Altman’s Quintet (1979) / Reel Paradise

Trying desperately to throw a couple of new things up here so that anyone can pipe in with things they’ve seen of late. I had low hopes for Quintet and high hopes for Reel Paradise, but neither one really met with my expectations.

I had never heard of Quintet. But geez – a late ’70s Altman sci-fi film starring Paul Newman? And featuring a macarbe version of backgammon in Earth’s “Last ice age”? Well, sign me up! This ddoes after all involve many of my favorite things: Paul Newman, backgammon (macabre backgammon no less), wild dogs, ruined relics of World’s Fairs past, Altman, and late 70s sci-fi. What could go wrong?

Well, there’s not really anything remarkable about the film except for it’s rather incredible failures, and the sheer enormous quantity of them. There’s a valiant attempt to make a film about nuclear winter and the decadence that comes along with hopelessness. The things was shot in Montreal, mostly among the abandoned 1967 World Expo, which was then sprayed with water each night and allowed to freeze. So you get a lot of weird design elements that have nothing to do with the movie or plot – and that’s good. Except it still didn’t look that good. I didn’t know while watching it that it was filmed there, and I thought the set had a nice retro-future style – that is the future as imagined by The Jetsons, Monsanto and people who weren’t quite good enough to get hired by Disney. OK, I’ll say it – the future as imagined by Canadians. But if this was made in the late 70s, why on earth would it have been done like that? Well it was there and it was cold, so it suited Altman’s needs. I found out what it was when the film was over and immediately had more respect for it, but that doesn’t really help it in the film.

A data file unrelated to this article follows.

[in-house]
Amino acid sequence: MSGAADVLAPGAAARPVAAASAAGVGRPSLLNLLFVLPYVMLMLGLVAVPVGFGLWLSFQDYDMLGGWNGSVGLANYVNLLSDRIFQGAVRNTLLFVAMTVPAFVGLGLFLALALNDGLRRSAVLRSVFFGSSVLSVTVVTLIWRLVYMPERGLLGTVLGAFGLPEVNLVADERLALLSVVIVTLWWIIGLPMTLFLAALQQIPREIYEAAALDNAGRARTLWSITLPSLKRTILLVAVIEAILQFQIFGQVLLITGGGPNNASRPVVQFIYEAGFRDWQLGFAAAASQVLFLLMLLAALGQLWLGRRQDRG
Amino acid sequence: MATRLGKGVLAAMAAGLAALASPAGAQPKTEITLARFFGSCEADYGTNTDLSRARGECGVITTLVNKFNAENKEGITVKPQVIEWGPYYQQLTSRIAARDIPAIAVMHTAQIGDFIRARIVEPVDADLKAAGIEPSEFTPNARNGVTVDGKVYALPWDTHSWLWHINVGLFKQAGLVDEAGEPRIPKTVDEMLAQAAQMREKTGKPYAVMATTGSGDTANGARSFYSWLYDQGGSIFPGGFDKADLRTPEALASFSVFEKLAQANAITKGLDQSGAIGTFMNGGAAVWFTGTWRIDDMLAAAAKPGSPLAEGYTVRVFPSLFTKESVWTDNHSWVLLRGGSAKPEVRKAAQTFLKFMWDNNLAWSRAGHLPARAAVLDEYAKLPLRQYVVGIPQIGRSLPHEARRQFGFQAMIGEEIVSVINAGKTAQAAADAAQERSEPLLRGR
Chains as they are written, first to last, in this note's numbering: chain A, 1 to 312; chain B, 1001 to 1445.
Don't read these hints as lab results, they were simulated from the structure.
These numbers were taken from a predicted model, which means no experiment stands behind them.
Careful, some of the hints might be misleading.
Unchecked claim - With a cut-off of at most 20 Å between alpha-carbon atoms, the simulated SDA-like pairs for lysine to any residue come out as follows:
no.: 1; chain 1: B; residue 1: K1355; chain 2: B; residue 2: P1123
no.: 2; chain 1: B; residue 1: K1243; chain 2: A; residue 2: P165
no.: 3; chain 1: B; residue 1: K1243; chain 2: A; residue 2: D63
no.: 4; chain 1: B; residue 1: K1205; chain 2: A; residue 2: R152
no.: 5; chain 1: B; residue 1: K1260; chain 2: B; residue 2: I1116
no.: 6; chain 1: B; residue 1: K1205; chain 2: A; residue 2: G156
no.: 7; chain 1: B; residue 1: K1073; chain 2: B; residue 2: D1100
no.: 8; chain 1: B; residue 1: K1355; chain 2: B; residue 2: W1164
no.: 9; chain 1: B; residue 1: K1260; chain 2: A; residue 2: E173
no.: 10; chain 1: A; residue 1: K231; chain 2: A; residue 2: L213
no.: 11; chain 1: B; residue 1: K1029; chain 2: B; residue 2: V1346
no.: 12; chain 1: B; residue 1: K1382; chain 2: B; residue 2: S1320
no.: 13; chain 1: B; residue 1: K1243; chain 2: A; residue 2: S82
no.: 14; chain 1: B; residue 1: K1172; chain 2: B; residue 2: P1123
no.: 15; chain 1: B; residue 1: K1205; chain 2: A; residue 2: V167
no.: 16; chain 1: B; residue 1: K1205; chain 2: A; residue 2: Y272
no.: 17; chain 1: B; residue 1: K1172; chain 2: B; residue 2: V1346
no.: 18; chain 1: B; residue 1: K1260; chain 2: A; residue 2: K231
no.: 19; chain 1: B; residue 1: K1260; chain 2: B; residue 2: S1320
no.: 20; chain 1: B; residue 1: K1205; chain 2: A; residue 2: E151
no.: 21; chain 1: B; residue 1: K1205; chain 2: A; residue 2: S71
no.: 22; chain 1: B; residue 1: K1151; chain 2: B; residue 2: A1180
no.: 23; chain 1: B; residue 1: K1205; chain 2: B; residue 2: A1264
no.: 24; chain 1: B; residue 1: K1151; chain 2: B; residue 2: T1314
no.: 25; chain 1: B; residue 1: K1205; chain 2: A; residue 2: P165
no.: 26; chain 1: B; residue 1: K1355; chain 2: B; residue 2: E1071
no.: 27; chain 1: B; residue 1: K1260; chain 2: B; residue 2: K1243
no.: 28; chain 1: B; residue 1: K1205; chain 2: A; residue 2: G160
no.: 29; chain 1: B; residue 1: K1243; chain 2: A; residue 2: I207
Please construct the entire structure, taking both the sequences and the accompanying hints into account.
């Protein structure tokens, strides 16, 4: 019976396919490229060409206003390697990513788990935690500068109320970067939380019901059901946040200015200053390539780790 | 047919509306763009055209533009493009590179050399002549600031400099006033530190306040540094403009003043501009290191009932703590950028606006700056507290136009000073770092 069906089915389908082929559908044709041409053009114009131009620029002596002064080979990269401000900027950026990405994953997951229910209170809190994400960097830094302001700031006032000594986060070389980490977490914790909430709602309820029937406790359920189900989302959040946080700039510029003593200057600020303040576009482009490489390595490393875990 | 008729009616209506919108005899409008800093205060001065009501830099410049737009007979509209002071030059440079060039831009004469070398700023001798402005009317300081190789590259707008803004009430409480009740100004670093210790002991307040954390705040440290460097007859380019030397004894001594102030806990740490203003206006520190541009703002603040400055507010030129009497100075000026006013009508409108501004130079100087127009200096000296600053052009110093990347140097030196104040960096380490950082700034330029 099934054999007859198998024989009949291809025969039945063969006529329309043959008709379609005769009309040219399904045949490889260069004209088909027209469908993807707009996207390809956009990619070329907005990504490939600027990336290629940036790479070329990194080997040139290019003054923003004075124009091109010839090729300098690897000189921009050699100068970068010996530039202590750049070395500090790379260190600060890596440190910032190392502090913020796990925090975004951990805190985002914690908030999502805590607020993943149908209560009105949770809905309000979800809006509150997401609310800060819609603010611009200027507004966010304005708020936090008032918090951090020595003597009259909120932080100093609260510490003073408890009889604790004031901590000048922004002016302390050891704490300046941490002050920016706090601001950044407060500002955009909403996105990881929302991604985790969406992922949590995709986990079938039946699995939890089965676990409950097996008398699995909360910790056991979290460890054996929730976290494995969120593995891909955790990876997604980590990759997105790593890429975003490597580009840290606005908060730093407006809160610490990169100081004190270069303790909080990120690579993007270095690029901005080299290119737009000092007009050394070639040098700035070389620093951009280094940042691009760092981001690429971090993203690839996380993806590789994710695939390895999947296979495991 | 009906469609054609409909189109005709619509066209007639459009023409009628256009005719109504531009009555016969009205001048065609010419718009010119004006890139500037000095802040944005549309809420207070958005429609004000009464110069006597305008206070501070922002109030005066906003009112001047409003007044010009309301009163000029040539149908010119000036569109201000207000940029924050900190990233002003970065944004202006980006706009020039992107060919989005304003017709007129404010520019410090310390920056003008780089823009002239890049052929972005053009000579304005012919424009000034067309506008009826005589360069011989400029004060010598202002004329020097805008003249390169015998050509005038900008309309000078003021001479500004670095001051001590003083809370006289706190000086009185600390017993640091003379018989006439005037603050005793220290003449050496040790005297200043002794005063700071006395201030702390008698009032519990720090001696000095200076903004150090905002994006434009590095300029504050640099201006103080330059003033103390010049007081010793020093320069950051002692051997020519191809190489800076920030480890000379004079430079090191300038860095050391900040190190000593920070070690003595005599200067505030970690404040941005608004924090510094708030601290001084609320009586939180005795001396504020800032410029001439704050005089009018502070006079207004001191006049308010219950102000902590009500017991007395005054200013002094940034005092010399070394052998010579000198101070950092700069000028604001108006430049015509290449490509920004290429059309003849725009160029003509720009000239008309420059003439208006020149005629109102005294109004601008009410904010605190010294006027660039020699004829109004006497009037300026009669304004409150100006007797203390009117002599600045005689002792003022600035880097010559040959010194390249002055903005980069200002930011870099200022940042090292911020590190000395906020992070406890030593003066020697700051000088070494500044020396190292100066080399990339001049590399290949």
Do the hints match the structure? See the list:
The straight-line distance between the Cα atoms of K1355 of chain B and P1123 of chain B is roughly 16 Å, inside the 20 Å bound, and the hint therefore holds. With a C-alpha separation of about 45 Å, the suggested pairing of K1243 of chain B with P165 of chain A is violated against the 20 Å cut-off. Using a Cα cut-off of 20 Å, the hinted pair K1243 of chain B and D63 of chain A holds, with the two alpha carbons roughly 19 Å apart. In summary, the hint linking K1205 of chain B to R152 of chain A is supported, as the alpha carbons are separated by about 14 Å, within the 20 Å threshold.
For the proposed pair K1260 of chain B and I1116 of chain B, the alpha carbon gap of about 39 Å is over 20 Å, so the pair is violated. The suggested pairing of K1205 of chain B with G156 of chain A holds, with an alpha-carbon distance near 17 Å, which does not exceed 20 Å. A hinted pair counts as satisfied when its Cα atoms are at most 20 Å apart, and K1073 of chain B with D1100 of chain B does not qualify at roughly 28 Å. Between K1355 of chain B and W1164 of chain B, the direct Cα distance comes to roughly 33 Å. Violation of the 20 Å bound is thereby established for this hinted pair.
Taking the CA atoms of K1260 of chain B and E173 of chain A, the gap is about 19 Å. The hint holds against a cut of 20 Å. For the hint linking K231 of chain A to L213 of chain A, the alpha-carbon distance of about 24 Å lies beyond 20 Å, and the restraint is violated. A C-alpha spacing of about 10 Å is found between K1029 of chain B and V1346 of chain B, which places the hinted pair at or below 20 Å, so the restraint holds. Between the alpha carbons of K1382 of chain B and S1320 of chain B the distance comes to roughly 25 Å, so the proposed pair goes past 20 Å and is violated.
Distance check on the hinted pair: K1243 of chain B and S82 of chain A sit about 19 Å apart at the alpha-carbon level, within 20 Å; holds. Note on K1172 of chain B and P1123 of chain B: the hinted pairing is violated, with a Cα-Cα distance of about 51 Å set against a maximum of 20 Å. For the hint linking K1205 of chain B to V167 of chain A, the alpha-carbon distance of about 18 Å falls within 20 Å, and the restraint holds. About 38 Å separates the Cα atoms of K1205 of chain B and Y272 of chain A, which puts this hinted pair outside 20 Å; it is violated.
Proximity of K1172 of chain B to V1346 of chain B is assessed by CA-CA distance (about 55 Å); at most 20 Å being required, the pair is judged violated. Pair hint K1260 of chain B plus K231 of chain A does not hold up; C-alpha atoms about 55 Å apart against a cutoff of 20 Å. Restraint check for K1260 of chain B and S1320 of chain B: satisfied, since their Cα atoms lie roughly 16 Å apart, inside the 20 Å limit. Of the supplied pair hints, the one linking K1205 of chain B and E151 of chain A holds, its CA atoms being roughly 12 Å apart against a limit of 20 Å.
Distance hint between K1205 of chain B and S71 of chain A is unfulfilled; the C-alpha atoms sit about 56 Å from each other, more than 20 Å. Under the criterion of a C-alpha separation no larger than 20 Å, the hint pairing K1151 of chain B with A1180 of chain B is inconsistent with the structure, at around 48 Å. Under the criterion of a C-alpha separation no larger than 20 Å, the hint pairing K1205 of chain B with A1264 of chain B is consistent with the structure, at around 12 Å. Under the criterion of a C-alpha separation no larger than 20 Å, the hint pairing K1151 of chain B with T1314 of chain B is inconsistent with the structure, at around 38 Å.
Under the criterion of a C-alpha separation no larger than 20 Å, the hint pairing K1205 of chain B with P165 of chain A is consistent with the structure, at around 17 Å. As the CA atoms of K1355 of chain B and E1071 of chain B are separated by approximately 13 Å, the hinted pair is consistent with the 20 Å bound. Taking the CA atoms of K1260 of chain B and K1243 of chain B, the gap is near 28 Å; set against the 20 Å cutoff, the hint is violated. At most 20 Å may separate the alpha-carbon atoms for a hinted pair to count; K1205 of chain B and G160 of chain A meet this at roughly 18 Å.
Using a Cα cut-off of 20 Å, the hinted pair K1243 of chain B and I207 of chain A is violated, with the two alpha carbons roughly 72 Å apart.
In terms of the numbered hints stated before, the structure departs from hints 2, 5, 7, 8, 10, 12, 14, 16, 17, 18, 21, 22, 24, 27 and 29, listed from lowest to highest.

There’s also a tremendous slowness in the character’s movements. This is supposed to be a thriller with several murders and a couple of chases, but “chase” is not the right word to use when shuffling along at a snail’s pace. (Remember the zombies in Kids in the Hall? It’s like that, but slower) Again, after the movie was over and watching some bonus features I learned that the constant icing of the set and the huge coats everyone had to wear made speed dangerous if not flat out impossible. More fun: Newman is about the only native English speaker inthe film. The others are perectly understandable, but they seem to put stress on completely random words. It happened so much I couldn’t help thinking it must have been intentional; Altman’s choice. No, I just don’t think they knew which words to stress in any given line of dialogue.

More fun: The lens is gelled and completely out of focus all the way around the frame. Not just in some scenes, but all of them. Close-ups, long shots, tracking shots…

A pack of dogs is constantly eating the dead bodies no one can be bothered to clean up. Apparently in the future all dogs will be rottweilers.

Paul Newman seems completely lost, as if hoping someone would take his hand and lead him away from all of this.

The script is a mess. Reallly unworthy of Altman.